Very nice! Everyone has different preferences for what they consider aesthetically pleasing. Some even view modern groupsets on vintage frames as sacrilegious. Personally, Iím not that extreme and appreciate both original bikes and those that have been upgraded over time.

However, I tend to lean toward keeping components silver. This choice aligns with the more traditional aesthetics of the heyday of modern cycling. In most of my retro-mods, Iíve followed this approach. The exception is my Tesch, which features all black components. Somebody called it being murdered out. Surprisingly, this unconventional combination works brilliantly for both my Tesch and your Merckx. Maybe itís the red paint?!!!


Nice Tesch! Theres a local here selling a green one! How do those ride?? Its the S-22 correct?

Lolll maybe its the red/black combo.

I appreciate steel bikes and 95% of the ones Ive owned ran 8 speed ONLY (Campagnolo/Shimano), but its truly undeniable when you compare how much lighter new groupsets are compared to those of 8/9 speed groupsets from that era, Im no 'weight-weenie' in anyway, just speaking in terms of facts. I love my bikes and will outfit them with newer tech over time if it makes sense for me to do so. Performance wise, 8 or 11spd, I like them both!
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Old 05-19-24, 04:30 PM
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My mid 90's Concorde Prestige already had 6400 STI shifters and drivetrain but I thought it could use an update:

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Old 05-20-24, 09:41 AM
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Originally Posted by BMC_Kid
Very nice! Everyone has different preferences for what they consider aesthetically pleasing. Some even view modern groupsets on vintage frames as sacrilegious. Personally, Iím not that extreme and appreciate both original bikes and those that have been upgraded over time.

However, I tend to lean toward keeping components silver. This choice aligns with the more traditional aesthetics of the heyday of modern cycling. In most of my retro-mods, Iíve followed this approach. The exception is my Tesch, which features all black components. Somebody called it being murdered out. Surprisingly, this unconventional combination works brilliantly for both my Tesch and your Merckx. Maybe itís the red paint?!!!

I think black components go really well with red or bright yellow frames. But I understand your point about the classic look of silver components, although I suspect that was more about efficient manufacturing (and maybe manufacturing capability) and universal adaptability than it was about aesthetics. A trend developed and it stuck in our consciousness. Itís like if you restore a Model T, youíre not going to paint it candy apple green. But if you hot rod it . . .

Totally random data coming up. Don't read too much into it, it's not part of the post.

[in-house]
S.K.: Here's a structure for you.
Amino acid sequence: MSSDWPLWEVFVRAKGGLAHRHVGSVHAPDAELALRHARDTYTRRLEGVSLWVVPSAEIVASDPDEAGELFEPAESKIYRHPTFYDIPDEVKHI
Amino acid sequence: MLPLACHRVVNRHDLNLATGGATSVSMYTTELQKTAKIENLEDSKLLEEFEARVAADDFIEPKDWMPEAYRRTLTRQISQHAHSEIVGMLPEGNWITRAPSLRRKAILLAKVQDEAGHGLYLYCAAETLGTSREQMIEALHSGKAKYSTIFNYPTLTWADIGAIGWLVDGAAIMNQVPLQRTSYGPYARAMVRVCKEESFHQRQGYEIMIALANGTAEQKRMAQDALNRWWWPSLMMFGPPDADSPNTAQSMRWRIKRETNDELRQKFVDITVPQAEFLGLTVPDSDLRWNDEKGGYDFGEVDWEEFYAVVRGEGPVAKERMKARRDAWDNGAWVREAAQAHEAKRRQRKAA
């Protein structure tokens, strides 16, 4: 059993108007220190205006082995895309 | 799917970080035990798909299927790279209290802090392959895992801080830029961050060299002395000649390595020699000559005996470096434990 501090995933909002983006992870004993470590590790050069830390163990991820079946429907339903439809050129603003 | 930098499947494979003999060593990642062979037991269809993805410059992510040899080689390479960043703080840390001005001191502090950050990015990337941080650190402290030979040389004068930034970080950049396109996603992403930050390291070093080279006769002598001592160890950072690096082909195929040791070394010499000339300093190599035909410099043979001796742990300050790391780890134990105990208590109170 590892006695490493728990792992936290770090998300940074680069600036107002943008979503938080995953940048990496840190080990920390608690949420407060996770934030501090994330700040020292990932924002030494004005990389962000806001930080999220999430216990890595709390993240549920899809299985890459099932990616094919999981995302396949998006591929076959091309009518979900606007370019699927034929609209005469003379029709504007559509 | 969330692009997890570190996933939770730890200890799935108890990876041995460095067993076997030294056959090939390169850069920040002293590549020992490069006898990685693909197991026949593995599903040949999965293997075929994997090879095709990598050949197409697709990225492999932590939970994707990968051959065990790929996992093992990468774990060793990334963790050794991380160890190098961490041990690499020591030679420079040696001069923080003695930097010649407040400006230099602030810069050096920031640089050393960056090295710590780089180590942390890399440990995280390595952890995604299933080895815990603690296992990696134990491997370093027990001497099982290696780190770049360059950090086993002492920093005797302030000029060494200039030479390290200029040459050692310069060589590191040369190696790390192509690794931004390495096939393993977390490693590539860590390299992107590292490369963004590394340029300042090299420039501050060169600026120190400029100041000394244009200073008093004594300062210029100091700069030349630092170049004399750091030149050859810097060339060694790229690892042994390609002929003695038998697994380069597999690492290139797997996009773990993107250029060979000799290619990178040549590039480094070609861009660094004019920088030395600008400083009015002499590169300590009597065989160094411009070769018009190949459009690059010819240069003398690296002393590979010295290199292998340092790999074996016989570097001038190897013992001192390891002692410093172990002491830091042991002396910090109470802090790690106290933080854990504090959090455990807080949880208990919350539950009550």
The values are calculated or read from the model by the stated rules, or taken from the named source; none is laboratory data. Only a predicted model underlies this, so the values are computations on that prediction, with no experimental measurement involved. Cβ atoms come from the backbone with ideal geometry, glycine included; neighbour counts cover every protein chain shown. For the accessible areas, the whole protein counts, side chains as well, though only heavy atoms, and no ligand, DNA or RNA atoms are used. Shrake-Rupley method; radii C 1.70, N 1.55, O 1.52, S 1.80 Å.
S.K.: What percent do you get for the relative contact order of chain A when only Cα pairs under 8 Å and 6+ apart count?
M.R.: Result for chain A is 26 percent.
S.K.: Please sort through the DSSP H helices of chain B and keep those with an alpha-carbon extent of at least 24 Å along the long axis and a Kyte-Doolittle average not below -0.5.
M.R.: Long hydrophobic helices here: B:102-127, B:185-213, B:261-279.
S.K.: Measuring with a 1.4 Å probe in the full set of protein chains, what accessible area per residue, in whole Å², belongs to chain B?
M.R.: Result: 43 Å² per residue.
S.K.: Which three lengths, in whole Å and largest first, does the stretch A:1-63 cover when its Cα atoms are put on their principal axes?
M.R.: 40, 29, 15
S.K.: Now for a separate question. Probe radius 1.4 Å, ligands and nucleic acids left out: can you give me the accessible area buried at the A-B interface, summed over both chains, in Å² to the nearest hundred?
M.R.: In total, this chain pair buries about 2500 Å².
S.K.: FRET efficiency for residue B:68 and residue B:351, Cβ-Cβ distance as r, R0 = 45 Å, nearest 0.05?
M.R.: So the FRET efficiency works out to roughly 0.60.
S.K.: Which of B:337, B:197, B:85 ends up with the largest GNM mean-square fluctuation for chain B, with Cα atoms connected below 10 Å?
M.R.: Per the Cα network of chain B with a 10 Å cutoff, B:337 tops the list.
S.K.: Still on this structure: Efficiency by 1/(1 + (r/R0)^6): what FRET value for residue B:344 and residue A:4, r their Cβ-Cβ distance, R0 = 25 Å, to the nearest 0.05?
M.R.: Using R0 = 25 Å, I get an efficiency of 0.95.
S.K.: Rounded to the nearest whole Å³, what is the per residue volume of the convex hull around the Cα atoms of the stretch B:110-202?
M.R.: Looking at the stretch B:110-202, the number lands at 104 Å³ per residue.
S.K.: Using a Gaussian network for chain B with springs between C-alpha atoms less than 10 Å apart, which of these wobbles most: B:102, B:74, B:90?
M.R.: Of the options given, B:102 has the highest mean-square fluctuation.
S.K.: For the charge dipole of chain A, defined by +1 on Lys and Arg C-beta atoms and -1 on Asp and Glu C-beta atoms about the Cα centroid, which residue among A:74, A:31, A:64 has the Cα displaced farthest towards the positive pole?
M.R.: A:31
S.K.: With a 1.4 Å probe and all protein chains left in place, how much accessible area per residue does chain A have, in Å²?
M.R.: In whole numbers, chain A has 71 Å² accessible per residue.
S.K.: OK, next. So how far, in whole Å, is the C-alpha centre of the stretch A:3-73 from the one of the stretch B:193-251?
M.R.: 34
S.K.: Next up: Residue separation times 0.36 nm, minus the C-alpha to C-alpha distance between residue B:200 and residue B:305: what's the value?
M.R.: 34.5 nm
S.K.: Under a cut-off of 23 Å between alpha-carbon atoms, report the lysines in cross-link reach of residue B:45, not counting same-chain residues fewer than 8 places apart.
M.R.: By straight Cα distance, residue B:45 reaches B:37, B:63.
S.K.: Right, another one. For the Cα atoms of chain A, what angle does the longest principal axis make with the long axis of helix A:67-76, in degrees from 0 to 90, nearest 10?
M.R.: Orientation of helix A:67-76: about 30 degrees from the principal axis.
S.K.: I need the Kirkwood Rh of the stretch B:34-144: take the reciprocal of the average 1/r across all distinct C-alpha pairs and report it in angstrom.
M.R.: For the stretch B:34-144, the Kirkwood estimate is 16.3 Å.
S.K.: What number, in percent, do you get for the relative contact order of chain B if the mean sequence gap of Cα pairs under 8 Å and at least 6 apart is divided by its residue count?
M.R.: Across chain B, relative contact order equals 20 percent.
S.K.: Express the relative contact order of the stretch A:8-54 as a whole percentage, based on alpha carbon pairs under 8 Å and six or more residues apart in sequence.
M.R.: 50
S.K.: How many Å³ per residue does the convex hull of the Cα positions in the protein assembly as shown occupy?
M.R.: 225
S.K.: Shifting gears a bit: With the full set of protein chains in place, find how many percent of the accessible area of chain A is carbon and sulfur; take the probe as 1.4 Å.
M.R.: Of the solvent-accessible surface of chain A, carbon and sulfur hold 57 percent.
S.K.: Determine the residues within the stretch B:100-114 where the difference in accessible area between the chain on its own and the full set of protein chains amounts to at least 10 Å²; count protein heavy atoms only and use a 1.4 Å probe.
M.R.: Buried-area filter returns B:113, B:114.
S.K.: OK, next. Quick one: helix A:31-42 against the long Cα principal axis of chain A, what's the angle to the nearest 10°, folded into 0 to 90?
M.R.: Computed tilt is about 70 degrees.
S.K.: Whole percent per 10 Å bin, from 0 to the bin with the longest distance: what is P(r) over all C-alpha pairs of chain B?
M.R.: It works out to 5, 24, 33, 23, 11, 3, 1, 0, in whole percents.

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Old 05-20-24, 11:08 AM
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Originally Posted by shuru421
Nice Tesch! Theres a local here selling a green one! How do those ride?? Its the S-22 correct?

Lolll maybe its the red/black combo.

I appreciate steel bikes and 95% of the ones Ive owned ran 8 speed ONLY (Campagnolo/Shimano), but its truly undeniable when you compare how much lighter new groupsets are compared to those of 8/9 speed groupsets from that era, Im no 'weight-weenie' in anyway, just speaking in terms of facts. I love my bikes and will outfit them with newer tech over time if it makes sense for me to do so. Performance wise, 8 or 11spd, I like them both!
Thanks, the Tesch with the True Temper S-22 tubing is a very different ride than any of my other vintage steel bikes, the rest of which are some type of Columbus standard sized tubing. The S-22 geometry is very aggressive and produces a very fast handling bike. The oversized tubing gives a much stiffer frame and power transfer is must better than the SL or SLX tubing but is surprisingly not uncomfortable. I love it. I originally built it up with Dura-Ace 8-speed 7410 after I restored it. Weight difference was not even a factor in my decision to go 11-speed. Like most of my other bikes in regular rotation, once I started riding Campy 11-speed, I found it more enjoyable and slowly have been converting over those bikes that werenít already at least DA 9-speed. The controllers on this generation and the 12-speed just seem to fit my hands better than Shimano and SRAM. My 91 Team Miyata is 9-speed DA 7700 and my 95 Titanium Quattro Assi is mostly 10-speed DA 7800 both of which a joy to ride. My 2004 BMC SLT01 is running 10-speed SRAM Red and I will be rebuilding it later in the year with Campy 12-speed SR and Record.
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Old 05-20-24, 11:21 AM
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Originally Posted by BMC_Kid
Thanks, the Tesch with the True Temper S-22 tubing is a very different ride than any of my other vintage steel bikes, the rest of which are some type of Columbus standard sized tubing. The S-22 geometry is very aggressive and produces a very fast handling bike. The oversized tubing gives a much stiffer frame and power transfer is must better than the SL or SLX tubing but is surprisingly not uncomfortable. I love it. I originally built it up with Dura-Ace 8-speed 7410 after I restored it. Weight difference was not even a factor in my decision to go 11-speed. Like most of my other bikes in regular rotation, once I started riding Campy 11-speed, I found it more enjoyable and slowly have been converting over those bikes that werenít already at least DA 9-speed. The controllers on this generation and the 12-speed just seem to fit my hands better than Shimano and SRAM. My 91 Team Miyata is 9-speed DA 7700 and my 95 Titanium Quattro Assi is mostly 10-speed DA 7800 both of which a joy to ride. My 2004 BMC SLT01 is running 10-speed SRAM Red and I will be rebuilding it later in the year with Campy 12-speed SR and Record.
Yup, sounds about right.